EDITOR’S NOTE: A University of Florida faculty member and Nassau County Extension Horticultural Agent, Rebecca Jordi addresses some of the questions she receives about landscaping and gardening in northeast Florida. The Extension also offers helpful clinics throughout the year, providing assistance to local gardeners on Amelia Island and in the surrounding areas of Nassau County, Florida.
___GARDEN TALK Q & A___
QUESTION: I have this very pretty spider in my garden. It has a very interesting pattern on its abdomen consisting of yellow, black, and white colors. The web has a zig-zag pattern which I have never seen before. Can you tell me what it is? SB
JORDI: This spider is called an argiope or common black and yellow argiope spider. The argiope group contains numerous spiders. Their large, conspicuous webs can often be seen along the edge of forests. The black and yellow argiope can reach a length of 25 mm. Its characteristic silver carapace and yellow-and-black markings make it easy to identify. Argiope spiders tend to hang head down in the middle of a medium-sized web that has thickened, zigzag bands of silk in the center. The photograph is actually from the UF/IFAS Demonstration garden at the James S. Page Governmental Complex. This spider has formed a web using one of the light poles in the median. I was pulling collecting trash and pulling weeds from the area and almost ran right into the web. Running into the web would have made both of us very unhappy.
Spiders serve an important role as predators feeding on insects and small animals. Argiopes, though large, are generally not aggressive spiders. However, every spider possesses venom and each of us may react differently if bitten, therefore it is best to observe them from afar. Bites from spiders on children often occur when a youth is curious about the creature. No reason to teach children to be fearful but rather respectful. If someone is bitten and the area becomes red and/or inflamed around the bite then it is best to consult a physician immediately.
QUESTION: How can I tell if I have the poisonous kind of sumac? CG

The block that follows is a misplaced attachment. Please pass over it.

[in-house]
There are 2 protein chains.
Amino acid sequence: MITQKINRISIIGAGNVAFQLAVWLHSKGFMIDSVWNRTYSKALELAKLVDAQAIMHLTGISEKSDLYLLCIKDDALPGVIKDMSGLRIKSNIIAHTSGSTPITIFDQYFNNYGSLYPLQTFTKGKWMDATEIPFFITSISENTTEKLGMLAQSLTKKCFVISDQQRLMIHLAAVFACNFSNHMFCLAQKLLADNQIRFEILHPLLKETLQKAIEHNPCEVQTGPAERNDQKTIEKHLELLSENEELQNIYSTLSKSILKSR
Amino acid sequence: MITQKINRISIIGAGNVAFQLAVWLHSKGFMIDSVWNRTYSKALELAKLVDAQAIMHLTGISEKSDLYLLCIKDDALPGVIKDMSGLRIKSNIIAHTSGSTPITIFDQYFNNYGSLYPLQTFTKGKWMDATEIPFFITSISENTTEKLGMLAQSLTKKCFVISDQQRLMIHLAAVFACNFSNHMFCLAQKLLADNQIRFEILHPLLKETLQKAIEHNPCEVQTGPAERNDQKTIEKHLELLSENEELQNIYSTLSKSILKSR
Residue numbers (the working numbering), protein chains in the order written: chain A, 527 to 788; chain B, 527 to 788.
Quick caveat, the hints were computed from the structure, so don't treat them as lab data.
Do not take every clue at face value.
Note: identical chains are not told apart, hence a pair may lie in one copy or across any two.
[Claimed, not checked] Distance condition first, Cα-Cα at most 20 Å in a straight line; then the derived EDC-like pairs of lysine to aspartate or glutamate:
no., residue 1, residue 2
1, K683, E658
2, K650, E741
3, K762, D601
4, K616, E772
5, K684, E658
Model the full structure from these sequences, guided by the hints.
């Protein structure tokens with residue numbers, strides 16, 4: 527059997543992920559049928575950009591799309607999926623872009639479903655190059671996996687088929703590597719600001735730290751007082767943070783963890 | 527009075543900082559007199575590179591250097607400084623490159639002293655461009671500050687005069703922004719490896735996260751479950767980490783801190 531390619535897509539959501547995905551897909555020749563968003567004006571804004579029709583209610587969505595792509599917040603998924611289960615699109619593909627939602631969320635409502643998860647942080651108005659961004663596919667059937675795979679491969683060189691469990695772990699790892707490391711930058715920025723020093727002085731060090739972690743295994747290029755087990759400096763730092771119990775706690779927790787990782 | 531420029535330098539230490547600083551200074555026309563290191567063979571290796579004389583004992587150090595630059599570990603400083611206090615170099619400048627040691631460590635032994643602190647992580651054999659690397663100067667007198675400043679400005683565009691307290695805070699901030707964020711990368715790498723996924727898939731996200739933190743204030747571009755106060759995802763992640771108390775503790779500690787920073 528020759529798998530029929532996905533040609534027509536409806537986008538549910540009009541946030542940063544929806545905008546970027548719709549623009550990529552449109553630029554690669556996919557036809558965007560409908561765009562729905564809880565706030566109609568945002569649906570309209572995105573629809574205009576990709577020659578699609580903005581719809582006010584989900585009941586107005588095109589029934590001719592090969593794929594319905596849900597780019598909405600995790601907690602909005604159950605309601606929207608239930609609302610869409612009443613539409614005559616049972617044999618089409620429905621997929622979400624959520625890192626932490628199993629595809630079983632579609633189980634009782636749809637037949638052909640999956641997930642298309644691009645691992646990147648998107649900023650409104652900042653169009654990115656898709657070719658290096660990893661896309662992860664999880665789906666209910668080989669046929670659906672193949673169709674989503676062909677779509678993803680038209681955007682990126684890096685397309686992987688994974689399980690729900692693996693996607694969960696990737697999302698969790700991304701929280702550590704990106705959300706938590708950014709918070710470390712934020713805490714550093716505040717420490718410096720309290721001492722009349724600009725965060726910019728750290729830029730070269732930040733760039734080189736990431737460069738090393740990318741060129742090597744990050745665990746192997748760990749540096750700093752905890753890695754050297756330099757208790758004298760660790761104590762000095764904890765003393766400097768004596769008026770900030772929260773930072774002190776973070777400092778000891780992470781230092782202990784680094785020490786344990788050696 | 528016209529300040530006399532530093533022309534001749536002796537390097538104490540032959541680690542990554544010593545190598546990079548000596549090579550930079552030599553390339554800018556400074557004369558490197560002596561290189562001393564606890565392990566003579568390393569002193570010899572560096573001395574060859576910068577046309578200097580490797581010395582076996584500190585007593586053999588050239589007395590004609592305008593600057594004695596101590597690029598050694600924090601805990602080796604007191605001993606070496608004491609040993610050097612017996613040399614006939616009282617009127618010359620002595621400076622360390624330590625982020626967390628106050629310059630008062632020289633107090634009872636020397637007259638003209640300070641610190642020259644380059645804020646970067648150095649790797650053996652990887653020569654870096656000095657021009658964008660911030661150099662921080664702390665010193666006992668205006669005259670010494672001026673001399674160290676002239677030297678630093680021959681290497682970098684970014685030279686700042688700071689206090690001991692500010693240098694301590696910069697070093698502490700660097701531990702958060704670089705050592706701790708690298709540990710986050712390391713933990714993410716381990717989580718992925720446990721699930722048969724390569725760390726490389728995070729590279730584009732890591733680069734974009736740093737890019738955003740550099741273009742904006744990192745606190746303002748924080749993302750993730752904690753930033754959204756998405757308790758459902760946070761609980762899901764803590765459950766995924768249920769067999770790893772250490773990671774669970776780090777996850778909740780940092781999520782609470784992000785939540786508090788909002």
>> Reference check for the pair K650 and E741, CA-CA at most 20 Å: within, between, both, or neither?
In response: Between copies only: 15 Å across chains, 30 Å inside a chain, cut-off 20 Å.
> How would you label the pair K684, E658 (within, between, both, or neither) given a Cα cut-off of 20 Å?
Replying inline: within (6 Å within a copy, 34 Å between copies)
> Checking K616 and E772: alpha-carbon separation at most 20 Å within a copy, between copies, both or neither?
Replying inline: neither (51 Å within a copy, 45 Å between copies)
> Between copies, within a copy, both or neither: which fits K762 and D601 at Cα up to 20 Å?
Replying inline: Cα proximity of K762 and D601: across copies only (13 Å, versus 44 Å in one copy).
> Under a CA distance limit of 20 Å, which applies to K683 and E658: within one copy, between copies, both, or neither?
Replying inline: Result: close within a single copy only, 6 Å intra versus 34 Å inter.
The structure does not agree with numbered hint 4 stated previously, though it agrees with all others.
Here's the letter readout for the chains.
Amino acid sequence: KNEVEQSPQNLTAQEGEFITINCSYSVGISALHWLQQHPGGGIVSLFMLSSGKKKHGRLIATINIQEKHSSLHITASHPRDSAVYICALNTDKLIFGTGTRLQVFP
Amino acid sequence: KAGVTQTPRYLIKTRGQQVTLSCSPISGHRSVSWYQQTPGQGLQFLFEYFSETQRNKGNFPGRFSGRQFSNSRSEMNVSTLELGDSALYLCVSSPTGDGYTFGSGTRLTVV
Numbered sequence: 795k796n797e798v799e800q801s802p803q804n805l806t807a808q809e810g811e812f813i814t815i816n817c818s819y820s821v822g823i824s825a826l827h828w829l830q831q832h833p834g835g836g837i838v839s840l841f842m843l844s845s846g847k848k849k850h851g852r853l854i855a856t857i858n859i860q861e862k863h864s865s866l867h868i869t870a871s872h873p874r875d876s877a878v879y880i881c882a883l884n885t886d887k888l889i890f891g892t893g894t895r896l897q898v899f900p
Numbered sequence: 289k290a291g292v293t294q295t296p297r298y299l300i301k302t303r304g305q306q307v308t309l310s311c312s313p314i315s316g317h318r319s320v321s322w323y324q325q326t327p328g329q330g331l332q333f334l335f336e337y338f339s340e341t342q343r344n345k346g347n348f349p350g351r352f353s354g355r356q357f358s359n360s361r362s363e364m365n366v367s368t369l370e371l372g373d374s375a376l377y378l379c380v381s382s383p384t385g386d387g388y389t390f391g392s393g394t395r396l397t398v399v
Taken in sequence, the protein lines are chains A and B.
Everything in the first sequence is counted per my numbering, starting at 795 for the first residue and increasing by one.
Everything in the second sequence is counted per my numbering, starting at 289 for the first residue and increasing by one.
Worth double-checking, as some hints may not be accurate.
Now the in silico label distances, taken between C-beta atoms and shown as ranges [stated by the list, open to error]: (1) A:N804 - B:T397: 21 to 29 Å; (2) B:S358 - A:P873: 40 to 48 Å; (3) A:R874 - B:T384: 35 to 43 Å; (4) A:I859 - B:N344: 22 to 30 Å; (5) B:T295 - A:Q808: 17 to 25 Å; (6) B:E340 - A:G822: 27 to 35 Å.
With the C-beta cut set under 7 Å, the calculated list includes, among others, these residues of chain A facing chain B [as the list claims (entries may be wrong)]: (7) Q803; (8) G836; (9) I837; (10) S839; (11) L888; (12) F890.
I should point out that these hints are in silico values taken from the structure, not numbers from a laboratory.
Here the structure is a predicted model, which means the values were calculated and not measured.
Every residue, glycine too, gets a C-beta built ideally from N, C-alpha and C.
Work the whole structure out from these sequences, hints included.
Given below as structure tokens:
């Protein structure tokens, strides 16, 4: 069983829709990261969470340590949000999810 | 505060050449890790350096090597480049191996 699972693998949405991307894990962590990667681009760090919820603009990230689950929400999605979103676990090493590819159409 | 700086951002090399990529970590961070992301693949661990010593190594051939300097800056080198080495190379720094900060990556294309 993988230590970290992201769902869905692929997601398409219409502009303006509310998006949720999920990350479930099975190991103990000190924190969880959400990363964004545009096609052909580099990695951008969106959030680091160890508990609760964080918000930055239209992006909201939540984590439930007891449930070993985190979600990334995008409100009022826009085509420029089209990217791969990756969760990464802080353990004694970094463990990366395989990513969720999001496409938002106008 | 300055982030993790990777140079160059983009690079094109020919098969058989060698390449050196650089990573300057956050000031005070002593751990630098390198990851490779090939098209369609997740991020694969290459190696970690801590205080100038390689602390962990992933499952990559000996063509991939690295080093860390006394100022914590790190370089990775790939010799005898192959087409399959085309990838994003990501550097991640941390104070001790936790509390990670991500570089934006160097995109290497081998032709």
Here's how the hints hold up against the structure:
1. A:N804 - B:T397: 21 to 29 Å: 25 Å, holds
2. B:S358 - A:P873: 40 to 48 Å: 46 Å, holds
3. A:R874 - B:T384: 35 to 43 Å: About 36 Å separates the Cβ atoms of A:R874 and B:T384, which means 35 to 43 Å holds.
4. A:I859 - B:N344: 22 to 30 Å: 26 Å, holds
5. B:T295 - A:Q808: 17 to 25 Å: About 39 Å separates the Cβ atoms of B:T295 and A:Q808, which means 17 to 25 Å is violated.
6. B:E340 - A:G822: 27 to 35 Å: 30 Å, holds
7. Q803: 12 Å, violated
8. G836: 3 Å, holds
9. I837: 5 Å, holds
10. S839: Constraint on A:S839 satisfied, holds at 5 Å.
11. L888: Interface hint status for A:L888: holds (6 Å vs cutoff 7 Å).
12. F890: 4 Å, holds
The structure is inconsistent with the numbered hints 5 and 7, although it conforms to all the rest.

JORDI: The old adage, “three leaves let it be” does not apply to poison sumac, Toxicodendron vernix. Sumac leaves are classified as compound which means the petiole or stem arising from the bud has more than one leaf. Poison sumac has 7 to 13 leaflets. The edges of the leaflets are smooth and not toothed. Many plants put out new leaves in the spring which are pale green in color but poison sumac leaflets are bright orange making them easy to spot. These orange leaflets turn dark green and glossy as they mature. The underside of the leaflet becomes a pale green. The stem to which the leaflets attach is a red color which aides in identification once the poison sumac plant matures.
Poison sumac can grow into a large shrub or even become almost tree-like. Take great care if they need to be removed by wearing long sleeves, pants and gloves. Once shrubs have been removed be cautious about exposing skin to any part of the plant. Wash the clothing in a separate cycle from the rest of your laundry. Avoid exposure to burning brush as the smoke may irritate mouth, throat and lungs. Below is link to a publication from the University of Florida/IFAS which provides more information on sumac, poison ivy and poison oak. In addition, it provides an excellent drawing to help distinguish between other plants which may look similar to poison sumac. For those of you who camp and hike, this publication might be an important document to keep in your backpack. http://edis.ifas.ufl.edu/pdffiles/EP/EP22000.pdf (Photo from Duke University).
QUESTION: My tomatoes are cracking in circles around the top. What causes this to happen? RD
JORDI: There are two different kinds of cracking commonly found on tomatoes. One of the cracks starts at the stem and flows downward toward the blossom end. This type of downward crack is called a radial crack. The other crack, which is the one you have, makes circles around the top of the fruit. It is possible to have both types on the same fruit.
Cracks are caused when the fruit internally grows more quickly than the outside. This fast internal growth spurt causes the external skin layer to split open forming a crack. There are varieties which have a resistance to cracking but that does not mean they cannot crack only that cracks will probably occur later in the maturing process. Environmental conditions such as huge temperature differences and/or inconsistent irrigation contribute to the formation of the cracks.
Not much can be done about the temperature variations especially when fruit is maturing during the spring however irrigation can be controlled by the home grower. Just be sure to water your tomatoes consistently but remember too much is not a good practice either. The vegetable is still safe to eat so there is no need to throw it away. (Photo from UF/IFAS).
Rebecca L. Jordi
University of Florida/IFAS
Nassau County Extension
Environmental Horticulture Agent III
543350 U. S. Highway #1
Callahan, FL 32011
904 548-1116 or 904 879-1019